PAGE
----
In the 16 months since we pulled out of Oak Harbor to go cruising I've had the opportunity to meet a lot of cruisers. Most are new or short-timers like us, but we've met quite a few who are long-term cruisers. There is one defining characteristic of the long-term cruisers: they are “settled”. They have a relaxed approach to all things cruising. New cruisers can be spotted a mile away by the tension in their gestures, the speed and intensity of their speech, or by their false bravado. Long-term cruisers can be recognized by their quiet confidence, their easy-going demeanor, and their settled nature. They're comfortable in their skins. When you ask them what their Plans are, where they're headed next, most will answer “We're not sure” or “We'll see where the wind takes us”. It's not that they don't have a plan at all, it's just that they've come to terms with the fact that any plans they make are fragile. The old cliché that cruising plans are written in sand at low tide got its infamy from hard-learned lessons.

We're not exactly newbies anymore. At 16 months we've outlasted a huge percentage of the cruisers that depart Mile Zero on the ICW each Fall, but we're a far cry from that “settled” point yet. I'm learning to deal with fragile plans that evaporate and starting to be more comfortable with my lack of control, but I have a long way to go. For those of you still dreaming, just starting out, or fellow organizational nut cases like myself, I offer up my method of dealing.

  • Plan in detail
    • You have to plan. Weather demands it, tides demand it, on-board stores demand it, maintenance issues demand it. Make your plans in detail as if they were going to come to pass.
  • Leave expectations behind
    • Expectations are probably the biggest killer of cruising dreams. People dream, and they expect their dreams to happen exactly like that. A lot of dreams are constructed around advertising mediums like cruising magazines. Telling their readers that they might have to sit somewhere on anchor for a week without their favorite rum, a full holding tank and very little sleep doesn't sell magazines.
  • Adapt to changes easily
    • When you make your plans, have alternates in mind. Rather than being married to one plan, make many and choose the best for the moment but always have the alternates in mind.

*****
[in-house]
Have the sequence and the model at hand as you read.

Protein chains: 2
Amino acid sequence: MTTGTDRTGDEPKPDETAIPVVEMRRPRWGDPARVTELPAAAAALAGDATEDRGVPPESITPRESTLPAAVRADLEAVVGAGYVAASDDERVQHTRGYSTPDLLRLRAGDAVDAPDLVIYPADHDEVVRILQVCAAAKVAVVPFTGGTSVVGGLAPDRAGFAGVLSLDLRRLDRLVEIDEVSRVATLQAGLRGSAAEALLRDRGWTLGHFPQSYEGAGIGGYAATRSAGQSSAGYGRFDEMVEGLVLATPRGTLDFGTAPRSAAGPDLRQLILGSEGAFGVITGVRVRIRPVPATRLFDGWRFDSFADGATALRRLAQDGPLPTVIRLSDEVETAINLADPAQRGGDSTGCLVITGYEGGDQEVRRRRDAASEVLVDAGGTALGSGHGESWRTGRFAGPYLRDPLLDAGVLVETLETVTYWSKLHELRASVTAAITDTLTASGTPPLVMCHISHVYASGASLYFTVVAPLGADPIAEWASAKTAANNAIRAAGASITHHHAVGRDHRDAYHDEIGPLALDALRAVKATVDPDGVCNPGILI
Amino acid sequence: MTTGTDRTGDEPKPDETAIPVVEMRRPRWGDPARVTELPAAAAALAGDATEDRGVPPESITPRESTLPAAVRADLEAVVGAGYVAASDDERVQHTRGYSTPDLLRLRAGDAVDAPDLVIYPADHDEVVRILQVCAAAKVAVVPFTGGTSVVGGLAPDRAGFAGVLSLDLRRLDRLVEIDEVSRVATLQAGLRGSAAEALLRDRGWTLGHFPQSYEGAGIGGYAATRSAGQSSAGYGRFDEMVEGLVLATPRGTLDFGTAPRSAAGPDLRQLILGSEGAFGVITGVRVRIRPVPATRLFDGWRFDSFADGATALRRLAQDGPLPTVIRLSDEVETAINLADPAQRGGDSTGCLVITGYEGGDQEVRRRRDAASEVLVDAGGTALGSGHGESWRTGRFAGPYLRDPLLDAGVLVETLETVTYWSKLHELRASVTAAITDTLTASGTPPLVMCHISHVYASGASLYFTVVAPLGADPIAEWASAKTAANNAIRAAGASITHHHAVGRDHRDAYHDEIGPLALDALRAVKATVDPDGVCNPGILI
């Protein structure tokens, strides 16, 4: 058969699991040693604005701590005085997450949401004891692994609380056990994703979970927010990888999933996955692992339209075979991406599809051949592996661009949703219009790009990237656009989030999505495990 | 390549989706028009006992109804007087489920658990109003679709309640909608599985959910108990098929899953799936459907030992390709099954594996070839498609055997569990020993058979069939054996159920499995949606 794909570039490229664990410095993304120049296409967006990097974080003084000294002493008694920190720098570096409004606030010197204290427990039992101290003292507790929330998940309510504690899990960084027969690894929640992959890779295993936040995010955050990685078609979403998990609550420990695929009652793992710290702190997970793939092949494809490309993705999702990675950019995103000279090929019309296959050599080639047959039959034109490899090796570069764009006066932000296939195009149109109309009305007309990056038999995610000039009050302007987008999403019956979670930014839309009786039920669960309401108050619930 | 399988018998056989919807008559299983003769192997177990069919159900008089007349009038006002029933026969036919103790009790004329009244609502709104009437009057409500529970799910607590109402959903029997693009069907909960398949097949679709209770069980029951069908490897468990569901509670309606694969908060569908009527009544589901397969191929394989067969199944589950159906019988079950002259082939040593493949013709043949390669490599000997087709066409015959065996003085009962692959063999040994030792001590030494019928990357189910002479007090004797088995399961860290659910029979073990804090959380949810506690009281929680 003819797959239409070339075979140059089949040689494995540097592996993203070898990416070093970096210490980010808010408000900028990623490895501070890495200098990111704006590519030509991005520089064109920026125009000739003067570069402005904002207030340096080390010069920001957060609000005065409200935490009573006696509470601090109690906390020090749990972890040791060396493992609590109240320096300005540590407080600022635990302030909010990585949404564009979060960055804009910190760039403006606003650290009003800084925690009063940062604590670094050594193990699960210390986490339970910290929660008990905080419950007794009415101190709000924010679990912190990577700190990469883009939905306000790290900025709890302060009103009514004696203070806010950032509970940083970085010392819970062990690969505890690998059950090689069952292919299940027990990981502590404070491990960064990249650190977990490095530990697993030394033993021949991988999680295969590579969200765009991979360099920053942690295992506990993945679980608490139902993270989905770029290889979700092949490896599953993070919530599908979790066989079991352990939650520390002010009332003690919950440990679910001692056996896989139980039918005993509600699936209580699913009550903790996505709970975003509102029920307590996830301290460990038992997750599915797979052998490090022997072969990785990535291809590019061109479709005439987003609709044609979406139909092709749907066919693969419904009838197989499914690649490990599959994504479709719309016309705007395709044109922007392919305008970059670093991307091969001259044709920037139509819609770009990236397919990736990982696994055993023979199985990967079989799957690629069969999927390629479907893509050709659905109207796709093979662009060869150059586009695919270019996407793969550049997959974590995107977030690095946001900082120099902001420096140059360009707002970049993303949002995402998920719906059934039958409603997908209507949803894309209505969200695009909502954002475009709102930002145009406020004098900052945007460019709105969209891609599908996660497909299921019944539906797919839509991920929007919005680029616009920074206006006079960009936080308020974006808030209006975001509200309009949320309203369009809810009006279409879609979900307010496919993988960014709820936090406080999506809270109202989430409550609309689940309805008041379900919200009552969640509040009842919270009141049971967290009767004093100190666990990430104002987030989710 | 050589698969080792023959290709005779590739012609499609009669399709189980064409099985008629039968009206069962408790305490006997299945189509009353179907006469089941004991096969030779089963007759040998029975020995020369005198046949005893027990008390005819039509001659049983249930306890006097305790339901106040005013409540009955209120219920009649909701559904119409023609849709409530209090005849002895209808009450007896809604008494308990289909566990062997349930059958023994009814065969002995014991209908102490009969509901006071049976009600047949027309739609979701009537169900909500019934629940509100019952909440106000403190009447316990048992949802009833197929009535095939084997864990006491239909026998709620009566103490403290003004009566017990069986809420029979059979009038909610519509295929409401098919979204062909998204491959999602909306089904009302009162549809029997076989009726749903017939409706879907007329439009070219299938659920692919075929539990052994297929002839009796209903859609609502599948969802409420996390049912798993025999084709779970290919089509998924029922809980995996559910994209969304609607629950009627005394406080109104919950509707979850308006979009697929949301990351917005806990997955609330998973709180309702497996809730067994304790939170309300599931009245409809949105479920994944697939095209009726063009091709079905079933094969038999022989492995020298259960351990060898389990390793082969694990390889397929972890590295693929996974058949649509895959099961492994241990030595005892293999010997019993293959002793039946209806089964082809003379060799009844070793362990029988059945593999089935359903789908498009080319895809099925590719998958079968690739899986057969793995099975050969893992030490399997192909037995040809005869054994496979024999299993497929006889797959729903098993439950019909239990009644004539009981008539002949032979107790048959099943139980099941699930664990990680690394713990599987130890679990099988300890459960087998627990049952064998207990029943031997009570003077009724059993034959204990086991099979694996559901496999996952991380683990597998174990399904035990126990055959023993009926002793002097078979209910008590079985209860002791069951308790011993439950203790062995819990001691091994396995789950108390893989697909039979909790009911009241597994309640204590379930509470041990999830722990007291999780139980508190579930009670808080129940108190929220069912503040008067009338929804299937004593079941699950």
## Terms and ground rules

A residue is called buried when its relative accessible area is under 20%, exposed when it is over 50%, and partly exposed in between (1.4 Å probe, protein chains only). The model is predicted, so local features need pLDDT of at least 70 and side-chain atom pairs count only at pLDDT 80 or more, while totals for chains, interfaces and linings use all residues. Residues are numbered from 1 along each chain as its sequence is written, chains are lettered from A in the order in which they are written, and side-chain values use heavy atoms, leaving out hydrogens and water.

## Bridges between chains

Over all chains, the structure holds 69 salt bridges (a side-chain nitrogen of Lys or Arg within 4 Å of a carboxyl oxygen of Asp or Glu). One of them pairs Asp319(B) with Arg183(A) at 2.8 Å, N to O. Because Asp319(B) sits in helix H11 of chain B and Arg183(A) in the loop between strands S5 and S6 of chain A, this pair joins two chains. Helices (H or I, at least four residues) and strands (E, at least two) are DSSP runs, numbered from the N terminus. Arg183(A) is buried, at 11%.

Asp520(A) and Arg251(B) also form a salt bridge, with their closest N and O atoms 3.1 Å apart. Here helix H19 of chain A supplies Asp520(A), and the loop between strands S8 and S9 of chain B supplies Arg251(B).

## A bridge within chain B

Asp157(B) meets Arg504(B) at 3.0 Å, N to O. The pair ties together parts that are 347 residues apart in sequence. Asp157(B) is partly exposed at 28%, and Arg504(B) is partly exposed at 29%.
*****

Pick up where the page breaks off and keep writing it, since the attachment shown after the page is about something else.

• Need to be nowhere
    • Never, never, never have a schedule. Schedules to meet someone, schedules for a marina, schedules for maintenance all are recipes for disaster. You will make bad decisions based on schedules, ones that will endanger you. Of course you need to have schedules sometimes. Just realize that whoever is on the other end of that schedule will rarely see you when planned. (See "alternates" above.)
  • Support your decisions
    • Gather all of the information at hand, make your decisions, then don't second guess them. Second guessing wastes precious time and robs you of your enjoyment of the present. I know this because it's a particular weakness of mine. When gathering information, be as thorough as possible. Surround yourself with every means of weather information gathering that you can afford. The money will not be wasted. Resources like an iPad with Pocket Grib and Marine Weather by Accuweather apps, and bookmarks for and Weather Underground or Passage Weather are invaluable. An SSB or inexpensive portable shortwave radio paired with HF Weather Fax on the iPad can give you weather when out of range of internet or NOAA VHF reports. Tide charts, sun and moon rising and setting tables, and the slack water schedule of your intended location(s) are imperative.

I recently spent some time with a life-long cruiser while we were on the mooring ball at Dinner Key. We don't meet very many of them out here, in fact I can only think of two at the moment. In speaking with her on her boat I was impressed with the calm and peace she displayed. My goal is to be more like her. Will I still have lists and spreadsheets and piles of cruising guides on the nav station? Absolutely. But at least I hope to be able to laugh and smile and roll on to the next Plan. And if, like today, that plan means being tied to the dock in Bimini for 6 days instead of one, then hey – it's a far cry from a grey carpeted cubicle and I am the most fortunate human on the planet.